2017: Therapy bae
I start therapy, and I kick myself for waiting this long to start. Six months in, I’m still perpetuating the same toxic dating cycles. I lean into the feminine victimhood of hookup culture, with SZA’s Ctrl as the soundtrack. I continue to gossip about Tinder dates at brunch over $35 chicken and waffles. I don’t take accountability for my actions in my retelling of the events, but I still honor gossip as the sisterhood’s way of warning each other about the styles fuckboys are wearing nowadays.
I date girls, but I keep it a secret. I acknowledge that I’ve always been attracted to women, but I keep quiet because my attraction to men is easier to understand. I don’t know how to come out to my extended family of varying degrees of Catholicism. I date girls and I don’t text them back because I can’t handle how much attention I need to give them. I behave poorly, and likely become the subject of other girls’ Tinder brunch stories.
2018: My first gay birthday
I smoke more weed now because it does wonders for my anxiety. I become less of a Samantha and more of a Carrie/Charlotte blend. I am vocal about looking for something serious, but I continue to engage in casual hookups out of loneliness and lack of brunch content. I listen to Kehlani guest-starring in Lizzo’s podcast. Kehlani admits that falling in love with a woman is straight-up soul-opening. I realize that my fear of coming out prevents me from pursuing the kind of love I’ve been dreaming about.
I join communities for women and queer/trans people of color (QTPOC), and find genuine, joyful connections. Community care, weed, and therapy make me 77% open and ready to be in a relationship, but the possibility of dating women pushes me to achieve the full hundred. I thank my partners for having difficult conversations with me about how to be a better communicator. I thank my parents for being kind and understanding when I come out to them.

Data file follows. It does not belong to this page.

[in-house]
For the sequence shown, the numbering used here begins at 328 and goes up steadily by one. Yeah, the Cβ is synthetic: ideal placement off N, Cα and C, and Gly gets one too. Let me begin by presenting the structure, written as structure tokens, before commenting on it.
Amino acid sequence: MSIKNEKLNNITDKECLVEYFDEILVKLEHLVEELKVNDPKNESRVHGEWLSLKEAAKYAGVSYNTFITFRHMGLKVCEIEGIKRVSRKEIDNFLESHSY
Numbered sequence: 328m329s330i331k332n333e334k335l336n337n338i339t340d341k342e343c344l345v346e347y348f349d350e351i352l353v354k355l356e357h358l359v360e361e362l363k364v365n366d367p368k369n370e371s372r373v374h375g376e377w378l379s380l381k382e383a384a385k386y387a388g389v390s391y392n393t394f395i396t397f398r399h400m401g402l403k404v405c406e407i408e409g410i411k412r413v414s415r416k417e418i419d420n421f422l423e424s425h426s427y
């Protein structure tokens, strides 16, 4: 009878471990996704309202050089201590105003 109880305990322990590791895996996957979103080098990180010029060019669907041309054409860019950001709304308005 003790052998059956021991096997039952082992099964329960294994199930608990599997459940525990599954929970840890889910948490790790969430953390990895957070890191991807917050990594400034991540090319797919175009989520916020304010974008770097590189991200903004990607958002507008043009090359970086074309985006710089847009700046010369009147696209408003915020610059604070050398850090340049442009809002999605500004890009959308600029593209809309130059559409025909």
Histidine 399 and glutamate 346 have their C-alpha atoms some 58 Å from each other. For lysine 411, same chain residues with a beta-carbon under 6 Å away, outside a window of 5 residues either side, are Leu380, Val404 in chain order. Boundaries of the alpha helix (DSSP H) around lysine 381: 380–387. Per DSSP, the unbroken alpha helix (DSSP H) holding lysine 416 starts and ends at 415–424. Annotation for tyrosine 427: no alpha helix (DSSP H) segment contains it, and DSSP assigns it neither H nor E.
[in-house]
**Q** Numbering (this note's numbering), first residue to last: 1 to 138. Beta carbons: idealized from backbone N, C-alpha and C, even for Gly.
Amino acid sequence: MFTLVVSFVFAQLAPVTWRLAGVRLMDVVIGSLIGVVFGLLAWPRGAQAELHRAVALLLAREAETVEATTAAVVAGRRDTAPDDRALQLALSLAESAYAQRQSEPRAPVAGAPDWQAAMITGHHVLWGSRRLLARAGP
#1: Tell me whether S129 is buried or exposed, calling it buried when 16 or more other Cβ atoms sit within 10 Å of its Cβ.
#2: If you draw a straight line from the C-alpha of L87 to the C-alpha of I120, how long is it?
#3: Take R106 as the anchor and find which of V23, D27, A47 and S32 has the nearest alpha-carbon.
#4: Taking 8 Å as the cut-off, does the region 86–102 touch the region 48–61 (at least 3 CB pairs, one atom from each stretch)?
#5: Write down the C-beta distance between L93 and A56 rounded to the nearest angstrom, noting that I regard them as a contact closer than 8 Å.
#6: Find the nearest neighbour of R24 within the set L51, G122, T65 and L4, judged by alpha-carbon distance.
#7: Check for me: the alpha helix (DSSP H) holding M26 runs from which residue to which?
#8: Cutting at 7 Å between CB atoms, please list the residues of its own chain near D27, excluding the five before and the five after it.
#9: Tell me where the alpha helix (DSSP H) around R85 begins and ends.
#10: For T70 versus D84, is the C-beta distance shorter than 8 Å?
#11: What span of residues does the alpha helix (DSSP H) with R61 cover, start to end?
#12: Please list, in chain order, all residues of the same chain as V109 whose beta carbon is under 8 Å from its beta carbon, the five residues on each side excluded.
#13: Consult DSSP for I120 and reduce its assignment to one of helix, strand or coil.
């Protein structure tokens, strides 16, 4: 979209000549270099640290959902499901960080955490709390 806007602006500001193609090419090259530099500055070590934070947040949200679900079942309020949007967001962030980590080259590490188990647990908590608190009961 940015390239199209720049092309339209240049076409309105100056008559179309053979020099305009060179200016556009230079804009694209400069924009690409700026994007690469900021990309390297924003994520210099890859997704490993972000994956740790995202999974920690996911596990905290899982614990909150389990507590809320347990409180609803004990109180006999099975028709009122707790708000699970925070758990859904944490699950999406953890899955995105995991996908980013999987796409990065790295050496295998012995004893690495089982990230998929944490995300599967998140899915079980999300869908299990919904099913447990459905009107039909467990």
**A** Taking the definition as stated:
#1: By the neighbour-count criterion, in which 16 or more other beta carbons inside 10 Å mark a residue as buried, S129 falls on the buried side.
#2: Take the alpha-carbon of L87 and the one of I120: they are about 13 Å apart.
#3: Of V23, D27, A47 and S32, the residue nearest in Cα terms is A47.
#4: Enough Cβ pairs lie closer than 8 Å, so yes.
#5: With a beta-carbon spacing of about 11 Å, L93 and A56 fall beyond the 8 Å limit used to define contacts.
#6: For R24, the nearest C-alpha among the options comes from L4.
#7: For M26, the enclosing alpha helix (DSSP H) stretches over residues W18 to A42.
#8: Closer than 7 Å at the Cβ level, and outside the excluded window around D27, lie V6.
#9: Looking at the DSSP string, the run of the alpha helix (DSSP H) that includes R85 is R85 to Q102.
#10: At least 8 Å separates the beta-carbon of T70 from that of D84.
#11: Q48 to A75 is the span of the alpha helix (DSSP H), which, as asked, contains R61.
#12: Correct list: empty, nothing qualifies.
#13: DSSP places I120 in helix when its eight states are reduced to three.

I attend a lesbian strip cruise on My First Gay Birthday and happily throw $300 in ones to incredibly talented femme and stud dancers. I date wonderful non-binary and trans humans, and I identify as pansexual. I learn not to steal energy from my queer community by reconciling trauma enforced by straight men.
I swipe right on a woman who has never dated anyone on Tinder before. She’s one of those New York Unicorns who meets potential dates at bars or restaurants instead of awkwardly flirting on apps. I fall in love with New York Unicorn immediately and we spend a blissful four months together. New York Unicorn is the first person I imagine spending the rest of my life with, and she’s lucky enough to bag me as her first and last Tinder date. I learn that four months converts to one year in Gay Time. Gay Time moves at the speed of light, and the stress takes its toll on my body. We mutually agree to pursue separate paths of healing and end our relationship with love and respect.
2019: Broke up and got back together. To get her back, I had to sweat her.
The breakup devastates me. I return to Tinder seeking familiar territory. I read Pleasure Activism in less than 48 hours and start practicing what Adrienne Maree Brown preaches. I learn how to set firm boundaries in my new situationships. I quit working full-time and pursue freelance work to allow myself maximum time for healing. Binge-watching Pose and The L Word becomes the cornerstone of my Baby Gay Initiation. I read Audre Lorde’s work and attend a James Baldwin reading group. I stop going to brunch with my girlfriends because I can’t blow hundreds of dollars on lunch anymore. I miss my New York Unicorn more than I miss telling Tinder brunch stories.
I go back and forth between attending beautiful, sweaty QTPOC parties in my lingerie and chilling in my bathrobe wishing New York Unicorn would call me. One full moon, I dare myself to send her an email. By the grace of the pansexual deities, she agrees to have lunch with me and we rekindle our old flame.
I deactivate my Tinder account. I press my thumb on the Tinder icon on my screen until it shakes. Before hitting that x in the corner, I smile for all the priceless lessons, the camaraderie built on brunch stories, the queer glow-up, and the love to be found outside of the Tinder stratosphere.